As safety professionals, we understand that whenever possible, it’s always best to avoid using a toxic material either by eliminating its use (by changing the method or process for example) or by substituting the toxic material with a less hazardous material. Unfortunately, it’s not always possible to find a non-toxic substitute that still does the same job both effectively and safely.
This is why proper precautionary measures must be taken for all employees and staff who have the potential to come in contact with toxic materials. This can first be achieved through examining the Safety Data Sheets (SDSs) for all the materials your employees will be handling. These sheets will give you a base to shape your employee safety and handling guides around, but are not the only tool needed for preventing toxic exposure.
The impacts of human exposure to chemicals and other hazardous materials can range from simple skin irritation to long-term illnesses such as cancer. As an employer that is aware of these dangers, it’s important to create a culture of safety for handling, transporting, and storing these kinds of materials. All employees responsible for handling hazardous materials are required by federal regulations to undergo proper hazmat training, but that doesn’t remove your company’s responsibility to provide an environment that is conducive to the safe handling of hazmat materials.
Key Steps to Your Safety
Toxic and hazmat material handling requires creating and maintaining a safe work environment, which is done through education and training, and can be supported by safety warnings and instructional messages, such as safety signs and safety labels. Key steps for your safety program include:
- Assess the risks that exist in the workplace. Know which materials represent hazards.
- Provide employees adequate training and information about any hazardous materials present. As mentioned before, federal training is a prerequisite, but is often only a minimum obligation. Don’t be afraid to expand safety consultation and procedures beyond those required by law and encourage established best practice procedures on employees.
- Consider potential hazards and plan ahead. Have arrangements and procedures in place to handle emergency circumstances that may arise from hazmat spills or exposure. This means making sure employees understand emergency procedures, including evacuation, cleanup or what to do in case of fire. Make sure emergency equipment such as eye wash and shower stations are accessible, kept clean, and are tested routinely. Employees should be trained with first-aid skills and how to respond to co-workers who may be injured or experience chemical exposure.
- Always provide employees with the proper personal protection equipment (PPE). Old or damaged PPE should be replaced, and the PPE should be inspected before each use. Proper control measures like ventilation hoods should always be used and routinely inspected.
- Ensure all hazardous materials are properly marked. Make sure all hazmat containers are adequately labeled and that all chemicals are stored in the appropriate containers.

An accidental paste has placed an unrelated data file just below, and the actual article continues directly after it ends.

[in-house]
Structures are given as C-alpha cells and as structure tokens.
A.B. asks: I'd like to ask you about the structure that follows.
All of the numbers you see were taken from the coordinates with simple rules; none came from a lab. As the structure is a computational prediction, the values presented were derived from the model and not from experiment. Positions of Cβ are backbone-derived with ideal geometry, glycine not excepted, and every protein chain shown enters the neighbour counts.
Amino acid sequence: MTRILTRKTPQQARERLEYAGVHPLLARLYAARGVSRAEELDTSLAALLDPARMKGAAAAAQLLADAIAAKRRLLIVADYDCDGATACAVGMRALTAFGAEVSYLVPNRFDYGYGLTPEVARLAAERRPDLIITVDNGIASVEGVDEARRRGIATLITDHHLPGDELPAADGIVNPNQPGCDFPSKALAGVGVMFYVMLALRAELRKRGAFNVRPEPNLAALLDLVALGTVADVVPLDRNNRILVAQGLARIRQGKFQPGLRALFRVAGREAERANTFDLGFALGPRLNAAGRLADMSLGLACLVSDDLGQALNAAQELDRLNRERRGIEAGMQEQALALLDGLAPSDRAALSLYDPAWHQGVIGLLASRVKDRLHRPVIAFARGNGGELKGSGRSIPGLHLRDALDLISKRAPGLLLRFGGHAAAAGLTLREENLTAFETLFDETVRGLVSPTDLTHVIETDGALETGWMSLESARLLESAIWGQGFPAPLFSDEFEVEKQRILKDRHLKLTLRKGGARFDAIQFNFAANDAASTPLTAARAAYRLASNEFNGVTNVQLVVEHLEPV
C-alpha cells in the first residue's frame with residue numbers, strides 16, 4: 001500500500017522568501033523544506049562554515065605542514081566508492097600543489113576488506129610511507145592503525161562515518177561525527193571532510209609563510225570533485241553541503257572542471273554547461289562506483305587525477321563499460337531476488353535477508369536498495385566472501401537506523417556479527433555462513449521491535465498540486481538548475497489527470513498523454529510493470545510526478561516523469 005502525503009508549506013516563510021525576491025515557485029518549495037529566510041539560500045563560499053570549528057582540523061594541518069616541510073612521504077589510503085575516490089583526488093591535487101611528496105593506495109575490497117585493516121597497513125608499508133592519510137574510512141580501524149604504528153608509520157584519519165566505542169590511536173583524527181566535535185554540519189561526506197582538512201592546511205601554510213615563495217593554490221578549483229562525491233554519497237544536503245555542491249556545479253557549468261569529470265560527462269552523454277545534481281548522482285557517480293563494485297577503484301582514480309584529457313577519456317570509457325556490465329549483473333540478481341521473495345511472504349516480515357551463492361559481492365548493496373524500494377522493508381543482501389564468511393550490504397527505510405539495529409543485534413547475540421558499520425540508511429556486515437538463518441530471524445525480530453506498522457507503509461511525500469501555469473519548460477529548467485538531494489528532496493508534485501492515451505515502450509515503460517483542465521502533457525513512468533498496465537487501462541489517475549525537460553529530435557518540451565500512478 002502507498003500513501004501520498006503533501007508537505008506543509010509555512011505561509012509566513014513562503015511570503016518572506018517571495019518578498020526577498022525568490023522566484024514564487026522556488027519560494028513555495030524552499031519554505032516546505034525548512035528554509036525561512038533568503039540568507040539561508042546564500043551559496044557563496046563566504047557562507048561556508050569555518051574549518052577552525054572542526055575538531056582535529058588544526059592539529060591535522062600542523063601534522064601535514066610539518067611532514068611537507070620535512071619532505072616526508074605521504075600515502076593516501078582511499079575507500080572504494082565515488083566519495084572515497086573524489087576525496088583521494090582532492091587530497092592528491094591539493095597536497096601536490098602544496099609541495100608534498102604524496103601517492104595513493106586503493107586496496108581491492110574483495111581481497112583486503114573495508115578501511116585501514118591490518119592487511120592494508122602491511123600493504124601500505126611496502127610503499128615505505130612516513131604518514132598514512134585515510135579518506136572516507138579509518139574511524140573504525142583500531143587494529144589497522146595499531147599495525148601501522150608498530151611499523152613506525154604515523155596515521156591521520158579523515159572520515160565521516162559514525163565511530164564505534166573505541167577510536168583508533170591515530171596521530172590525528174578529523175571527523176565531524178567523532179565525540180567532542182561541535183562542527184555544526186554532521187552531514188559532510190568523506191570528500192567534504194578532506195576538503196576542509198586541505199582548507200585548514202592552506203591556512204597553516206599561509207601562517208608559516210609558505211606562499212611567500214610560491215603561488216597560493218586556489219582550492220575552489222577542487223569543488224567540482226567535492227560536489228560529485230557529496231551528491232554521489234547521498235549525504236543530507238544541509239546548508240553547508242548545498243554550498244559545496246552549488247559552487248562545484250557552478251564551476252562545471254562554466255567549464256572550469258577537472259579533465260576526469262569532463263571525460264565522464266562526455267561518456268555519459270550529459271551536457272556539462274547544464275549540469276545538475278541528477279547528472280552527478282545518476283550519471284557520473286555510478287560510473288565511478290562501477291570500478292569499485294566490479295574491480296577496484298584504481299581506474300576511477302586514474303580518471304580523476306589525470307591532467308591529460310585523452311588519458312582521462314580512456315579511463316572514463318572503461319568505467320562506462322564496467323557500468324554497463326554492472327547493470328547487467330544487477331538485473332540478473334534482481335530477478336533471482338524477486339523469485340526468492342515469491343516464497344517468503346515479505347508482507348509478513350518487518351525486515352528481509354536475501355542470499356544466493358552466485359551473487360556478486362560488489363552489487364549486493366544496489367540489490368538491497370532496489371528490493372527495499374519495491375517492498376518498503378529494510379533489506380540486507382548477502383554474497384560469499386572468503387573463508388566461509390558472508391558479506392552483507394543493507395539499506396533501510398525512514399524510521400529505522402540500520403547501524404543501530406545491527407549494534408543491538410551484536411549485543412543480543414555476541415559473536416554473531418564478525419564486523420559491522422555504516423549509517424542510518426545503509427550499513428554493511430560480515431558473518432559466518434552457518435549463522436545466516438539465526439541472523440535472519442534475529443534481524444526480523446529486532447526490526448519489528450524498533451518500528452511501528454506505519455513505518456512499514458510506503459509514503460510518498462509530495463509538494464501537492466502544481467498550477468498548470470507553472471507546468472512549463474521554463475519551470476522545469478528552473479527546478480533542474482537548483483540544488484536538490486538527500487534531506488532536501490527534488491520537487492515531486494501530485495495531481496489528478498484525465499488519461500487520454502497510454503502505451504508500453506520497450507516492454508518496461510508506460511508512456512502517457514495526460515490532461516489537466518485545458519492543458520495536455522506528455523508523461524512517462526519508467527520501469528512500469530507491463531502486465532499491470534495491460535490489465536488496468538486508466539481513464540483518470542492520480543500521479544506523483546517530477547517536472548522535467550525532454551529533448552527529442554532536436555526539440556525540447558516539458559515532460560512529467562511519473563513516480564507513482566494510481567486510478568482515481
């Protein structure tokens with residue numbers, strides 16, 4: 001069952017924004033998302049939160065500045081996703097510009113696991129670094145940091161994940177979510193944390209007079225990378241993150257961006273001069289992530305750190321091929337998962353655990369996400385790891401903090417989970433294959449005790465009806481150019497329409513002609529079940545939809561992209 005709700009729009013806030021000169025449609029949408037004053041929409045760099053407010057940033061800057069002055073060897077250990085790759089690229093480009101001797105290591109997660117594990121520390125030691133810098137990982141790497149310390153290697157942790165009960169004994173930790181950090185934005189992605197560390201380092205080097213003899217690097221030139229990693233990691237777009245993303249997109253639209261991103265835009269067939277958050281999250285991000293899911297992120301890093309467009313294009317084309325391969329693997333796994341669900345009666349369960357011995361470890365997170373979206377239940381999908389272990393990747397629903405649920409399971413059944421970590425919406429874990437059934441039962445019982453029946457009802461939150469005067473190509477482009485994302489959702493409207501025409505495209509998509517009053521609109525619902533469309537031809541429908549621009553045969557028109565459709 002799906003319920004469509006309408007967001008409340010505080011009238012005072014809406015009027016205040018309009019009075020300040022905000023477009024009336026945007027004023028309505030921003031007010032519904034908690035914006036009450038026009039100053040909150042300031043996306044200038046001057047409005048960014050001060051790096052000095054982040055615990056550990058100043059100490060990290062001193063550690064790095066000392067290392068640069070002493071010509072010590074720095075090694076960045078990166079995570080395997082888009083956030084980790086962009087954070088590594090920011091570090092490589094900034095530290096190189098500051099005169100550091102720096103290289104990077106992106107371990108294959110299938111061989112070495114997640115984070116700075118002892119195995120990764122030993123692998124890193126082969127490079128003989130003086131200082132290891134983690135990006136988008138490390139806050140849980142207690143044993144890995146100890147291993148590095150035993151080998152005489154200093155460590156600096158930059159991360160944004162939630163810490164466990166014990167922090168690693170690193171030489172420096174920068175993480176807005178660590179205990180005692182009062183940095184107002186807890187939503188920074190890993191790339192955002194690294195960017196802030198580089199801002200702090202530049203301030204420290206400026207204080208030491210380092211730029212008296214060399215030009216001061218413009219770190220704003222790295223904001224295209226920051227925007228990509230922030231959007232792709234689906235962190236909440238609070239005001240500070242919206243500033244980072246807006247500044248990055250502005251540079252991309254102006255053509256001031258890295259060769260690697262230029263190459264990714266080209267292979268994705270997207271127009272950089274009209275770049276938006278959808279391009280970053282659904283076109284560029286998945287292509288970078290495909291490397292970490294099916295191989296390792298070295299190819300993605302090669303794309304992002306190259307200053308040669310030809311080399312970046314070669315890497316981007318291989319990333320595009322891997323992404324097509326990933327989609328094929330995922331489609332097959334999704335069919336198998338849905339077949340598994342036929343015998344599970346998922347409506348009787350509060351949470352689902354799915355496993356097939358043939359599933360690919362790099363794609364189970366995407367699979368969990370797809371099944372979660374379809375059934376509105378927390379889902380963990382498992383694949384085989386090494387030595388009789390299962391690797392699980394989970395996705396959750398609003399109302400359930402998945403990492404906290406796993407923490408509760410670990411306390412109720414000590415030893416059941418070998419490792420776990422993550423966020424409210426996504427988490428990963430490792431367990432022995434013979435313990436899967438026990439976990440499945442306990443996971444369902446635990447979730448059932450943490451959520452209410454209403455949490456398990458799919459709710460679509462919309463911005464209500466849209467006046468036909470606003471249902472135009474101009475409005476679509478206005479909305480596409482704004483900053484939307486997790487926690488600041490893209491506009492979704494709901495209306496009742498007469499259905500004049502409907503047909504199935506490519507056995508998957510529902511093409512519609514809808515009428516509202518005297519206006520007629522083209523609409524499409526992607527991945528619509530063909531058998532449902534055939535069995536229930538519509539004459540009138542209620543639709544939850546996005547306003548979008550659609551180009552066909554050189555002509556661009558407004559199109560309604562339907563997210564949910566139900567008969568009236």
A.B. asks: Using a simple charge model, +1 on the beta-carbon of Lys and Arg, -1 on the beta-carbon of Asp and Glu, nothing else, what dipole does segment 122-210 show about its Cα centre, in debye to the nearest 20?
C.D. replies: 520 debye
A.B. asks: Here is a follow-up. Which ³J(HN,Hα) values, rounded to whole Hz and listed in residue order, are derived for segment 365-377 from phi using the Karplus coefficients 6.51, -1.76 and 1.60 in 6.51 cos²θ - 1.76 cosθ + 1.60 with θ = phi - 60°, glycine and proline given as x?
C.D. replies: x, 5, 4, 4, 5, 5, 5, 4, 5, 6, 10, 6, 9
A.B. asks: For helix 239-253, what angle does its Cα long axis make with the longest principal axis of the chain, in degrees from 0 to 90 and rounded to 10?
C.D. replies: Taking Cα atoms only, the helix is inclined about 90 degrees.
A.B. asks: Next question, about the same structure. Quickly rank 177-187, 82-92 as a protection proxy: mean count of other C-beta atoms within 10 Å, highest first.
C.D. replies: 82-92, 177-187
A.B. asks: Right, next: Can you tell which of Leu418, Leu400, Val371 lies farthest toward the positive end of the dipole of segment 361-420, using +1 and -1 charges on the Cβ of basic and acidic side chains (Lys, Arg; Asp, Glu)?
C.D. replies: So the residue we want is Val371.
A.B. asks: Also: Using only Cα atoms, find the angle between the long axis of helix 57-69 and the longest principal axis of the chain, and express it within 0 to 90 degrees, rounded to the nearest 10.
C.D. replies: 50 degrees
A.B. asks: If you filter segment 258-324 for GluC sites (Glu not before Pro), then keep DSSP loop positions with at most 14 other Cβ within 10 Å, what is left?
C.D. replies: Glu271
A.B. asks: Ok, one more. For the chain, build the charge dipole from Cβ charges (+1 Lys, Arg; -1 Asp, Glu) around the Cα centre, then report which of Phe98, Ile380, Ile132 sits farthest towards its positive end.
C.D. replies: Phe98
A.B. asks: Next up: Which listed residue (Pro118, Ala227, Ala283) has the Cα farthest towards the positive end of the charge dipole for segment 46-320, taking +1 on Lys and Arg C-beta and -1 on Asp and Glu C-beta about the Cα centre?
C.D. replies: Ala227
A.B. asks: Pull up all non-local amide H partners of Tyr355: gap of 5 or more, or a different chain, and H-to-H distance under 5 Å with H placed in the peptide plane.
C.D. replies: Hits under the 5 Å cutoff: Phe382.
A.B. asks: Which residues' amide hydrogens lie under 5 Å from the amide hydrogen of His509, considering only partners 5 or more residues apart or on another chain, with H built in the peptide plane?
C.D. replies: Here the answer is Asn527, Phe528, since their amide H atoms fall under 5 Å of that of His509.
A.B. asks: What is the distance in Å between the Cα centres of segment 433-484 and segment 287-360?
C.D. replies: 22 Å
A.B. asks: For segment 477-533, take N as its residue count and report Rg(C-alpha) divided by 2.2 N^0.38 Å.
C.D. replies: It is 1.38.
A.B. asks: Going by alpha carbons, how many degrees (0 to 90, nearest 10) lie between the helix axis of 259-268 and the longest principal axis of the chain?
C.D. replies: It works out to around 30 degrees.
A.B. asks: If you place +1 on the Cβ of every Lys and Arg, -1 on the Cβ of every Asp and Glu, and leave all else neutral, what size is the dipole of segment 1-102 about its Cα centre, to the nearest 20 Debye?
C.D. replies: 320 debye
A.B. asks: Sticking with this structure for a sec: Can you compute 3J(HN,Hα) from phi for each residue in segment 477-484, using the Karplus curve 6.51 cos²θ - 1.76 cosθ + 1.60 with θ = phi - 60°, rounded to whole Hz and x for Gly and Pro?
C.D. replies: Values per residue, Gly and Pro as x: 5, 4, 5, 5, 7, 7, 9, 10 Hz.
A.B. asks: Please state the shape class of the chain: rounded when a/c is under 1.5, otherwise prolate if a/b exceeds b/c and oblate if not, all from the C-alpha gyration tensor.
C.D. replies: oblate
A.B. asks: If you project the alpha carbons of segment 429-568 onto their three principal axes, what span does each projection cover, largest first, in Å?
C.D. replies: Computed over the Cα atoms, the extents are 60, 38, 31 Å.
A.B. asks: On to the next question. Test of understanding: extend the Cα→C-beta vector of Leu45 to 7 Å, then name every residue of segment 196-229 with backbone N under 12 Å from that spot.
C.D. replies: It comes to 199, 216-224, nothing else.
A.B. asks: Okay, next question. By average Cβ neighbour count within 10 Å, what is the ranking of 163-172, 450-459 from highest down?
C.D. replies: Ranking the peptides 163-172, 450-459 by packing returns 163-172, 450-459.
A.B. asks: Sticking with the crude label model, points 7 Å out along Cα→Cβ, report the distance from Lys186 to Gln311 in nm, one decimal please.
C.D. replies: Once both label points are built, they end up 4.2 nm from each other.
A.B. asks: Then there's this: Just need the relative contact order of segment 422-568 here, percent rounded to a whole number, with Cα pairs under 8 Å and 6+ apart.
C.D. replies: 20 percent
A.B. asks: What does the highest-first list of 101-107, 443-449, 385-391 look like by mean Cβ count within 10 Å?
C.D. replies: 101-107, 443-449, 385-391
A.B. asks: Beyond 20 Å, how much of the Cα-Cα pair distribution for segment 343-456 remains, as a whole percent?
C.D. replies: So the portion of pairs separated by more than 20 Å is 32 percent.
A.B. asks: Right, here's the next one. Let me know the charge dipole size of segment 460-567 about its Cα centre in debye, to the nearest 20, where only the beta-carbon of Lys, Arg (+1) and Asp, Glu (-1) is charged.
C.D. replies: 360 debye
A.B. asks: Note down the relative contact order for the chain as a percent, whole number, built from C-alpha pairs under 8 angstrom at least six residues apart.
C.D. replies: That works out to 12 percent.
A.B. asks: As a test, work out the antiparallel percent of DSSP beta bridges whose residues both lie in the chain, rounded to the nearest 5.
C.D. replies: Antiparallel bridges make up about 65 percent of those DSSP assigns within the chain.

- Keep all hazardous materials stored properly. Keep chemicals in dry, cool, and ventilated areas, and separate incompatible materials. Always keep lids closed – meaning leak-proof and vapor-tight – on all hazmat containers. Make sure these storage areas are free from items that might cause trips, falls, or spills, and free from materials that might encourage pests or rodents.
- Make sure your hazardous waste storage is never over 55 gallons in one area, as this can lead to costly fines during an inspection and is a hazard.
- Always keep work areas clean; remind employees that their area should be cleaned at the start and end of their shift. This applies not just to clutter, but cleaning work surfaces frequently to minimize risk of contamination or exposure.
- Never eat or drink while handling hazardous materials, and always wash hands after using, handling, or transporting hazardous chemicals.
- Employees handling hazardous materials should always read the labels to understand what they’re working with and have the SDS accessible before using any materials in order to understand how to handle a spill or exposure to that chemical.
- Remind employees to immediately report any concerns about damaged containers or potential leaks or spills.
Protection With Professional Sources
Overall, when it comes to handling toxic and hazardous materials, outfitting your workplace with the proper signage allows for you to foster a safe work environment and fulfill your duty to warn. In certain situations, OSHA requires that workers be notified in clear language and symbols that danger is present. Failure to post or correctly position required signage when working around hazmat materials can result in your company receiving citations and fines. If there is an injury or death as a result of inadequate training and signage, your company could be fined or be named in a lawsuit.
At Clarion Safety, our products help you meet compliance requirements and best practice standards. Not only do we offer OSHA-compliant signage , but our safety sign and label products can help you meet ANSI and ISO best practices as well as specific regulatory requirements such as WEEE, RoHs, REACH, UL, GHS, Prop 65, and more.